Workforce

OPM explains the hiring freeze

Shutterstock image (by Jirsak): customer care, relationship management, and leadership concept.

Human resources directors at the Post Office, the CIA and Office of the Director of National Intelligence can exhale. The hiring freeze instituted by the Trump administration in a Jan. 23 presidential memorandum doesn't apply to them.

The news is also good for the Department of Veterans Affairs. Of about 45,000 current openings, 37,000 are exempted from the freeze because they are critical and related to health and safety, according to Dr. David Shulkin, current undersecretary for health at VA. Shulkin disclosed that development at his Feb. 1 Senate confirmation hearing to lead the agency.

The rest of the federal HR community, however, will need to scan Jan. 31 guidance from the Office of Personnel Management a little more closely to see where they fit in.

Other carve-outs include seasonal and short-term employees. Jeffrey Neal, former chief human capital officer for the Department of Homeland Security, noted on his blog that this exception is "important, particularly for agencies such as the IRS and the National Park Service." Census enumerators and Forest Service firefighters also could fall into this category, depending on the duration of the hiring freeze policy.

The freeze also doesn't apply to internal career ladder promotions. Neal noted that this is "very good news for anyone in a job with promotion potential."

Job candidates who received offers with designated start dates on or before Feb. 22 will keep their jobs. The guidance also restates the original memo's warning that agencies may not contract out to fill vacant positions with private-sector personnel.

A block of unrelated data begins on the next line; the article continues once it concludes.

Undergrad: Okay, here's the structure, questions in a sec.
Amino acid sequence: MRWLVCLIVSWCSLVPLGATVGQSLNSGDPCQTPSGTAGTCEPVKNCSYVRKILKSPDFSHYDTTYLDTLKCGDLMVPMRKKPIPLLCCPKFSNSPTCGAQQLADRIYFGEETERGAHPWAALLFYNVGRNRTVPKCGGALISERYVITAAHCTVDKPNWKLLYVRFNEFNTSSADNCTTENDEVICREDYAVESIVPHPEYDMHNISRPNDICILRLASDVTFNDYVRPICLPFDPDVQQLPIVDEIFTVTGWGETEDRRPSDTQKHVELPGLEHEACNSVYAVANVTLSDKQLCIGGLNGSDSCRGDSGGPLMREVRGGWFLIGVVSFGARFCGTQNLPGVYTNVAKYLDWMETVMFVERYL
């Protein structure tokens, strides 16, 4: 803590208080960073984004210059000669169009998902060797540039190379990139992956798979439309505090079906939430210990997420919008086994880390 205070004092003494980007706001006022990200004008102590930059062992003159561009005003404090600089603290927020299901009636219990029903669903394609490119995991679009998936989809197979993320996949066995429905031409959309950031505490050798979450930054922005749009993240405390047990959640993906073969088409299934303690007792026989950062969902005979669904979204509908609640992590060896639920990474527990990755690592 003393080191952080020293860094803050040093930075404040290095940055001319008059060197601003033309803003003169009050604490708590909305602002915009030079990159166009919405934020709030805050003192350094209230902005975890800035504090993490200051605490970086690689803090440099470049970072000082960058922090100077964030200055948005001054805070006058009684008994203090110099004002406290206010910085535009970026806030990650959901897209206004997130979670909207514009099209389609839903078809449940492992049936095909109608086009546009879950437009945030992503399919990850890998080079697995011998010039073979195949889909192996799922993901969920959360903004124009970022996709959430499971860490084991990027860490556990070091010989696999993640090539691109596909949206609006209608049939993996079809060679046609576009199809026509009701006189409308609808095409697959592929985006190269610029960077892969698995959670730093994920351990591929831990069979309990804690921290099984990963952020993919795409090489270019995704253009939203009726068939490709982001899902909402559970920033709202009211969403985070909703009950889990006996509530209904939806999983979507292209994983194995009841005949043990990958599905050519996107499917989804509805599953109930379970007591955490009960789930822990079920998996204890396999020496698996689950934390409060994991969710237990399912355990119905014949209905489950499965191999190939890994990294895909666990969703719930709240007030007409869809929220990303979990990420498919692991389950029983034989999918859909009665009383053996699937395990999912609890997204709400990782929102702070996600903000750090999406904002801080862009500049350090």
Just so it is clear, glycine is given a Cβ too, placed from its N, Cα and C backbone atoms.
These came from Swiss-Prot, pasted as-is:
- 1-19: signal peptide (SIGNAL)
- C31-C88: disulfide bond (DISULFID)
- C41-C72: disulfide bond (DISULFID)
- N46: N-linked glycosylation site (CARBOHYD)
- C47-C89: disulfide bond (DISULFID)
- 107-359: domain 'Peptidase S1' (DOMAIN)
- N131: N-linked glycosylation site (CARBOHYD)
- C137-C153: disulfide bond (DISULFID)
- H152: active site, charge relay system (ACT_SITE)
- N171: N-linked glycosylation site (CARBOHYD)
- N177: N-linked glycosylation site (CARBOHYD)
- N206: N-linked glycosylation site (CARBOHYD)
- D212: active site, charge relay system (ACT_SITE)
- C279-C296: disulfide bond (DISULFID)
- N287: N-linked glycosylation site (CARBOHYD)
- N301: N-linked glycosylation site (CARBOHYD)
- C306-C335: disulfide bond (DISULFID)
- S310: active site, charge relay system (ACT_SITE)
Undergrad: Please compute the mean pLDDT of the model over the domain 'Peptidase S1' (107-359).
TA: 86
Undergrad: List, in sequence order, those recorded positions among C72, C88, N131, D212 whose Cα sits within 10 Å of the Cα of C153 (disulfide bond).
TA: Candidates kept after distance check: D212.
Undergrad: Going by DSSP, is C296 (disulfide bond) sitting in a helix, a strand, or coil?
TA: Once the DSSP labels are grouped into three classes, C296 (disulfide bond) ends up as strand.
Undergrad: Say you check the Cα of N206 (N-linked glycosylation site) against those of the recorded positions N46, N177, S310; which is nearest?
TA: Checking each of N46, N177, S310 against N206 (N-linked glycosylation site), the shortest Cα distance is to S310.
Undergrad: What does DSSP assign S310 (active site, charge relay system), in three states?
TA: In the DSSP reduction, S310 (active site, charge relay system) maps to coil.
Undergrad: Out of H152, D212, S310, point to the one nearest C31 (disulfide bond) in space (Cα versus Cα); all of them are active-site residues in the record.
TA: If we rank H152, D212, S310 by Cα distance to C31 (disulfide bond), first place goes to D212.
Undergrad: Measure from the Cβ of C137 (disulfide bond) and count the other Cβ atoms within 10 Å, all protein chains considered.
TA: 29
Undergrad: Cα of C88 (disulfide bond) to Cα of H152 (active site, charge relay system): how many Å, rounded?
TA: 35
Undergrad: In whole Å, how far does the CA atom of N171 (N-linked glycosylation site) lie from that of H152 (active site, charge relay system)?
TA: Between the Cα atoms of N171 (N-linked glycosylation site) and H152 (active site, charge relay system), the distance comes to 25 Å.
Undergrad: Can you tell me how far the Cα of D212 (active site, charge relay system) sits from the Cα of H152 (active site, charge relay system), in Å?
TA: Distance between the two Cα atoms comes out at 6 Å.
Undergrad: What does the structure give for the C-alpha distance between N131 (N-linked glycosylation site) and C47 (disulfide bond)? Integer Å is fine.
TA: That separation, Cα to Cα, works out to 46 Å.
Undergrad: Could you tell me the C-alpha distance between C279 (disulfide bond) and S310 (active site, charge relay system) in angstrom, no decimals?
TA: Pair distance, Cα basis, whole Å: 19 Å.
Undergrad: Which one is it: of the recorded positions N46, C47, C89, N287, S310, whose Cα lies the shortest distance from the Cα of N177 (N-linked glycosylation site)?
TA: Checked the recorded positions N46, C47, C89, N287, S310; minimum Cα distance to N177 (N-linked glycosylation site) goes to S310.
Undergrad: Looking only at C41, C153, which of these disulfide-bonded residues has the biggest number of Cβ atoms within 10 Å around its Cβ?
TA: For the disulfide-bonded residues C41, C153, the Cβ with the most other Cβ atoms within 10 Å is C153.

The policy allows for agencies to detail needed staffers among themselves, but the OPM guidance tasks agency leaders with ensuring that "reimbursable details between agencies are not being used to circumvent the intent of the hiring freeze."

It's not clear what impact the guidance has on hiring at government innovation shops like the U.S. Digital Service and 18F. OPM says that "the freeze applies to new temporary and term appointments," which would seem to cover USDS and 18F. The guidance continues that "term and temporary appointments of existing Federal employees may be extended up to the maximum allowable time limit, consistent with the conditions/requirements of the legal authority originally used to appoint the employee."

At 18F, most hires are made on a two-year basis, and those can be renewed for another two years. The order seems to permit 18F to retain some employees. The service launched in March 2014 with 15 employees and has since grown to well over 100. The issue of employees having their terms expire will become more critical for the service in 2018, especially if it is not permitted to onboard new staff under a freeze policy.

USDS employees are in essentially the same boat.

One provision in the OPM guidance does address Schedule A hires -- the hiring authority used for many 18F and USDS positions -- but it is not clear whether such digital-expert recruiting would be covered. Queries to OPM, 18F and outside federal hiring experts seeking clarification were not immediately returned.   And even if the exception does apply, it would only allow hires to replace tech talent, not to grow the teams further. The OPM guidance clearly states "the total number of individuals employed under this authority" cannot exceed the headcount in place on Jan. 22.

There have been some signals from the Trump administration that the innovation programs are going to be preserved. Gerrit Lansing, chief digital officer at the White House, tweeted on Jan. 23 that USDS "is here to stay in the new administration. Period."

Lansing subsequently reported on Twitter that newly named White House tech adviser Reed Cordish told a meeting of 18F, "We have your back."

Note: This article was updated on Feb. 1 to add details about the exemptions for Department of Veterans Affairs hiring.

About the Author

Adam Mazmanian is executive editor of FCW.

Before joining the editing team, Mazmanian was an FCW staff writer covering Congress, government-wide technology policy and the Department of Veterans Affairs. Prior to joining FCW, Mazmanian was technology correspondent for National Journal and served in a variety of editorial roles at B2B news service SmartBrief. Mazmanian has contributed reviews and articles to the Washington Post, the Washington City Paper, Newsday, New York Press, Architect Magazine and other publications.

Click here for previous articles by Mazmanian. Connect with him on Twitter at @thisismaz.


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